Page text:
War of the Rebellion: Serial 108 Page 0416 MD., e. N. C., PA., VA., EXCEPT S. W., & W. VA. Chapter LXIII.

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RICHMOND, December 20, 1861.

Honorable J. P. BENJAMIN,

Secretary of War:

SIR: I am instructed by the convention of Virginia to communicate to you the following abstract of its proceedings and accompanying documents.

Respectfully,

John L. EUBANK,

Secretary of the Convention.

HALL OF THE VIRGINIA STATE CONVENTION.

An extract from the Journal, November 18, 1861:

"On motion of Mr. Tyler, the following resolution was adopted:

"Resolved, That a committee, tgo consist of nine memebers, be appointed to take into consideration the practicability of rescuing from the enemy the waters of this Commonwealth; to suggest and recommend any measures which may be esteemed necessary to accomplish so desirable an object; and the said committee be authorized to report by bill or otherwise.'

"The president then announced the following committee under the above resolution, viz: Messrs. Tyler Preston, Caperton, Barbour, Price, Seawell, Woods, Hall of Lancaster, and Fisher."

John L. EUBANK,

Secretary of the Convention.

HALL OF THE VIRGINIA STATE CONVENTION.

An extract from the Journal, November 27, 1861:

"Mr. Tyler, from the committee in relation to the occupancy of the waters of this Commonwealth by the forces of the United States, presented a report, which was adopted.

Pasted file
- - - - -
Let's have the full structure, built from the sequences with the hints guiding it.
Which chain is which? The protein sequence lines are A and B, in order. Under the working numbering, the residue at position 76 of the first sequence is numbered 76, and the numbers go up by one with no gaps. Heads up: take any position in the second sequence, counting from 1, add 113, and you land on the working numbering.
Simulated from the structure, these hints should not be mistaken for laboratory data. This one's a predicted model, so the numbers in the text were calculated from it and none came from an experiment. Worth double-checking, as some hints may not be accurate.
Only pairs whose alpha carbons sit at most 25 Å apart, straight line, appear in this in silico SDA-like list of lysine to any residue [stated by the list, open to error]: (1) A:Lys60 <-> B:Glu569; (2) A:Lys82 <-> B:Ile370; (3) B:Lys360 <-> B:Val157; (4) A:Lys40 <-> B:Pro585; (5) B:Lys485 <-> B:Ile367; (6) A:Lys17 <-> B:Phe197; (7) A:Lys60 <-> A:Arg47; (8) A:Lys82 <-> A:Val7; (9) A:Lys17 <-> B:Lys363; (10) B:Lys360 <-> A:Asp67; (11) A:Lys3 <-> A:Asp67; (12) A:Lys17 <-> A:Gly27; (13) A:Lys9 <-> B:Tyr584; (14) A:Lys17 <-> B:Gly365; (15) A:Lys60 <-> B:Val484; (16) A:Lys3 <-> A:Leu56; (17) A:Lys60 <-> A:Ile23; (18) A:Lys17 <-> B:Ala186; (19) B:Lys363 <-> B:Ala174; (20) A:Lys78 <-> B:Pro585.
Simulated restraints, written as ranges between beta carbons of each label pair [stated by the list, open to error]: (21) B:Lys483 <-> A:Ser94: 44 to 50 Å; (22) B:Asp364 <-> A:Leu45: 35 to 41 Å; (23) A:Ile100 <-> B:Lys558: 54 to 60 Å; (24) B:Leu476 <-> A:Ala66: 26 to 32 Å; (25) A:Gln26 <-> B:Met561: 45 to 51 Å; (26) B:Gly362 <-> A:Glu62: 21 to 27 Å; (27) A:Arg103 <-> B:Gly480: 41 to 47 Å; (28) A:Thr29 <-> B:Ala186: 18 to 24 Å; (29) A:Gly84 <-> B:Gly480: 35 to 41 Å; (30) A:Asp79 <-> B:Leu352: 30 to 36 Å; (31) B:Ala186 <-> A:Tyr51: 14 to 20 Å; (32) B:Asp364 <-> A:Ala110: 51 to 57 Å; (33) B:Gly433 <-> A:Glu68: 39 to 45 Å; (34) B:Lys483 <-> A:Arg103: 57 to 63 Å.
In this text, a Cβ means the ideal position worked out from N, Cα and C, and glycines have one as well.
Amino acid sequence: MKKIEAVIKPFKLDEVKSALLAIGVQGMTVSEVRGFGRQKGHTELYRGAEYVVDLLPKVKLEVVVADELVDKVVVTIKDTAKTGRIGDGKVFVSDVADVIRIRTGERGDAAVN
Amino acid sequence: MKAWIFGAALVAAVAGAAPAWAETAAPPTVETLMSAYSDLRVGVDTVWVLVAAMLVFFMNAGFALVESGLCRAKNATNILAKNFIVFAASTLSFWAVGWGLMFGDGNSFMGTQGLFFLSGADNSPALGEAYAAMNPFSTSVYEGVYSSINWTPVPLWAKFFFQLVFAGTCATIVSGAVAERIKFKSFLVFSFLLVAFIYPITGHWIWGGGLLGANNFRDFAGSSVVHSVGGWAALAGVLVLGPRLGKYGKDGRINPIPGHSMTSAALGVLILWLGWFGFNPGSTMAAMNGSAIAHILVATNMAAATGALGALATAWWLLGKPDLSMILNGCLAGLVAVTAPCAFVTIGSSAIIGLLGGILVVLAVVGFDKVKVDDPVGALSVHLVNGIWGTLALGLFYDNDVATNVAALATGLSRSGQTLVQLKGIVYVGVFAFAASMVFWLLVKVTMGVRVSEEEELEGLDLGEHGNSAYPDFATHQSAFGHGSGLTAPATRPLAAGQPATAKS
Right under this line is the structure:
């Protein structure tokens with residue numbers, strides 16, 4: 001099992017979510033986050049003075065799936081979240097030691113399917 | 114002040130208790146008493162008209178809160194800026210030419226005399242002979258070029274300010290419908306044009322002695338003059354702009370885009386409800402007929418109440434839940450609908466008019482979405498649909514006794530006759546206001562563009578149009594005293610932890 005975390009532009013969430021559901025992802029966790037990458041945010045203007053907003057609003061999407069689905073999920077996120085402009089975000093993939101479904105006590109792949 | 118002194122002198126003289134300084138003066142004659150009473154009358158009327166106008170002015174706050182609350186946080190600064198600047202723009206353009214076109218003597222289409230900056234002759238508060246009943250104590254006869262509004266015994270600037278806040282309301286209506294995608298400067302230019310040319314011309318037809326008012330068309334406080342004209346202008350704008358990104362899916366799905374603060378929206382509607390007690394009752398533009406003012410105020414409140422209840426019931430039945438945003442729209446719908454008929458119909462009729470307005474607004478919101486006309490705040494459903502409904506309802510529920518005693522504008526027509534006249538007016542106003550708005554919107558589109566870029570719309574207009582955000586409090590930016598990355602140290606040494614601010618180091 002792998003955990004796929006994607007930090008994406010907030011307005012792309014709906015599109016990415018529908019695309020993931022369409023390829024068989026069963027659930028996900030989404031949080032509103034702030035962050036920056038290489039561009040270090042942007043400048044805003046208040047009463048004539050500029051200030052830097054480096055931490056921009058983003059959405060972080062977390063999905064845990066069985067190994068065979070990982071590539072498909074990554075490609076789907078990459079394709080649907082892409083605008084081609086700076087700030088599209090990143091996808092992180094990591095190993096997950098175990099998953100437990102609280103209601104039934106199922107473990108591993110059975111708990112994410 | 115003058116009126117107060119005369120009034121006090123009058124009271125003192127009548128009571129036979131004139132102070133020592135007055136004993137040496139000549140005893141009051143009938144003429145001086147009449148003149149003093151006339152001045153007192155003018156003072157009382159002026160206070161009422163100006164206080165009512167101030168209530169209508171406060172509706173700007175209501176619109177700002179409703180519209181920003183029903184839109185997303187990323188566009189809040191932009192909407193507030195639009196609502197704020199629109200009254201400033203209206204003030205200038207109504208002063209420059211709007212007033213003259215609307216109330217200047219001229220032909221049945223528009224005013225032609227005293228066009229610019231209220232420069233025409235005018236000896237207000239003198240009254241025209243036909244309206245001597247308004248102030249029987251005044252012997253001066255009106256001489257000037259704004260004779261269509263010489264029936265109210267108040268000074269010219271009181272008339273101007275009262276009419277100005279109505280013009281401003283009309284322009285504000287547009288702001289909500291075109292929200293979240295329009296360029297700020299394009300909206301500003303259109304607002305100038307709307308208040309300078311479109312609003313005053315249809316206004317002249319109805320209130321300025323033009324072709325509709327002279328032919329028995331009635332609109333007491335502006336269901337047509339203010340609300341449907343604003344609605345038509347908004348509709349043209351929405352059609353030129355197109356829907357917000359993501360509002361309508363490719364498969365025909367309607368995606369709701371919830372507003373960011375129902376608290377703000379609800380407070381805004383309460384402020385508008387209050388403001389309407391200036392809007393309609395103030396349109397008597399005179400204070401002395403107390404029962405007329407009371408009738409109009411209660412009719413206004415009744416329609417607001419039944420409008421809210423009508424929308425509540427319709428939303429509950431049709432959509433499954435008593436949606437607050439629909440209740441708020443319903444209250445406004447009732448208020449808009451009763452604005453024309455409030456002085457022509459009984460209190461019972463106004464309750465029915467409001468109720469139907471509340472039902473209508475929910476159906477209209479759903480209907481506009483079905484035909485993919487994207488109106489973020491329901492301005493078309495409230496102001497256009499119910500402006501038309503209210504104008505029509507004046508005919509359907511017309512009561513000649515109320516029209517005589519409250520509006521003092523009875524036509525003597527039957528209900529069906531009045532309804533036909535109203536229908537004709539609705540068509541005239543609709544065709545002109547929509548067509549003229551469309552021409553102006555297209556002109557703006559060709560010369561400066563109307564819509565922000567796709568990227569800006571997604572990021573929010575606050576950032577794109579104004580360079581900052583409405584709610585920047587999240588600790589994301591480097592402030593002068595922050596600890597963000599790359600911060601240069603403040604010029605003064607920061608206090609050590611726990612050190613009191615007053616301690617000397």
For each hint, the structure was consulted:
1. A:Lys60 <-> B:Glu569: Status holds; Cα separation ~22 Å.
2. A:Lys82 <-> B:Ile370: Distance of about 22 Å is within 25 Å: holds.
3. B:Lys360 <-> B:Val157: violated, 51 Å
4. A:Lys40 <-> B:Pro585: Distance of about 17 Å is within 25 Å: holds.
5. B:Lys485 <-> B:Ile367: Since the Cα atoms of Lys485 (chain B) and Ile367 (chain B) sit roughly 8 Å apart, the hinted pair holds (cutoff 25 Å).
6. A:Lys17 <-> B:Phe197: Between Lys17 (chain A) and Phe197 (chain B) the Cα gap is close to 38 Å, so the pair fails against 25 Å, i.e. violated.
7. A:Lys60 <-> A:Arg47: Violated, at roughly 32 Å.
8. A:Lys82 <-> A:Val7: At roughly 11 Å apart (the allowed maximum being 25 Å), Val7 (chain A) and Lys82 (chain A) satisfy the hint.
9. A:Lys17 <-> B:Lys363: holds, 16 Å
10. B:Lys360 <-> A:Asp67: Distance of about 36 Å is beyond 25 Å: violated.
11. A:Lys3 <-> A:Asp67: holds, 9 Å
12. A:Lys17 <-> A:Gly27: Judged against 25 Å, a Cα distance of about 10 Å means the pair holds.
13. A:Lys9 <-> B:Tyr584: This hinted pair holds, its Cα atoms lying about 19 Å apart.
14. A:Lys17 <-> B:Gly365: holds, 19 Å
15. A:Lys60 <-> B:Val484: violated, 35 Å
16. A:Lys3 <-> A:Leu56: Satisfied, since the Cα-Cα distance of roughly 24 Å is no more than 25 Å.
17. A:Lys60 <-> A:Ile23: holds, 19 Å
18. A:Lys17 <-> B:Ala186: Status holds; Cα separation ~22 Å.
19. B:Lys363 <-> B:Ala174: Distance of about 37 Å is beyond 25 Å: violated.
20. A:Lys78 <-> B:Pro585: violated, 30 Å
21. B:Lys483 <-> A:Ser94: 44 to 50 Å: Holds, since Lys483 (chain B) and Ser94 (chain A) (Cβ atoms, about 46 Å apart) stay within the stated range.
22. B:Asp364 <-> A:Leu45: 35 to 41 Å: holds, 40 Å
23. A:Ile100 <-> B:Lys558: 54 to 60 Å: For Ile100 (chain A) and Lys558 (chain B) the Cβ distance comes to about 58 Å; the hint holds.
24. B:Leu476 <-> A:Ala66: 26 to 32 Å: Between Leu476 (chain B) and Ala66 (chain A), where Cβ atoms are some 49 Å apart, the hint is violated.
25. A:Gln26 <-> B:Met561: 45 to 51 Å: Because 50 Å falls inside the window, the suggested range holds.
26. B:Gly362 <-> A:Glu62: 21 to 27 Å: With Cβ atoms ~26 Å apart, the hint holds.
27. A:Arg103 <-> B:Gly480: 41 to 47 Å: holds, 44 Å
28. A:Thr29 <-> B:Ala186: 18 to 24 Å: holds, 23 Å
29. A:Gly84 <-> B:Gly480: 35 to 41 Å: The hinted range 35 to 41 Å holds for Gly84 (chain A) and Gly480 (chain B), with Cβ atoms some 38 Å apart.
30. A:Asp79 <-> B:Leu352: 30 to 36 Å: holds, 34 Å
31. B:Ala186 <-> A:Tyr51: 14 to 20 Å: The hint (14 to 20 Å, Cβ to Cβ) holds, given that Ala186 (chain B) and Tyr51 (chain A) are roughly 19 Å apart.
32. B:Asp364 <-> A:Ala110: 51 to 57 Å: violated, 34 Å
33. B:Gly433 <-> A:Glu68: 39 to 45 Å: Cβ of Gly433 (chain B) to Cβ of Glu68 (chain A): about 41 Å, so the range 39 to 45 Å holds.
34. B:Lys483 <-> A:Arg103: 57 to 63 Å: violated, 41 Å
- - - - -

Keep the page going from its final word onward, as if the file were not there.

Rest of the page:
"On motion of Mr. Tyler, the secretary was instructed to communicate a copy of the report, together with accompanying documents, to the President of the Confederate States, to the Secretary of War of the Confederate States, and to Lieutenant M. F. Maury."

John L. EUBANK,

Secretary of the Convention.

[Inclosure Numbers 1.]

The committee which was directed under a resolution of the convention to take into consideration the precticability of rescuing from the enemy the waters of this Commonwealth, and to suggest and recommend any measure which may be esteemed necessary to accomplish so desirable an object, and to which was referred so much of the message of the Governor as related to the same subject, and the letter of Captain M. F. Maury which accompanied the said message, have had the same under consideration, and beg leave to submit the following report:

The committee lost no time in entering upon the investigation of the important subject committed to it, and summoned to its aid all t he naval offices known at the time to be in the city of Richmond. The committee was fortunately enabled to obtain the views and opinions of five gentlemen who hae seen much service, and who occupy a high place in the confidence of the community. The plan proposed by Captain Maury, which lookts to the construction of 100 steam-boats or launches, each to mount two heavy guns, to be of light and easy draft, was canvassed and scrutinized closely, Captain Maury himself being present to answer inquiries and to develop fully the size and structure of the boats, together with their cost, and the result was an entire concurrence in favor of their efficiency for the end designed, viz, of clearing the still waters, including the bays and rivers, of Virginia, to a great extent, if not entirely, of the enemy's ships. About $10,000 for each boat or launch, with engines and all complete, except the cannon, was held to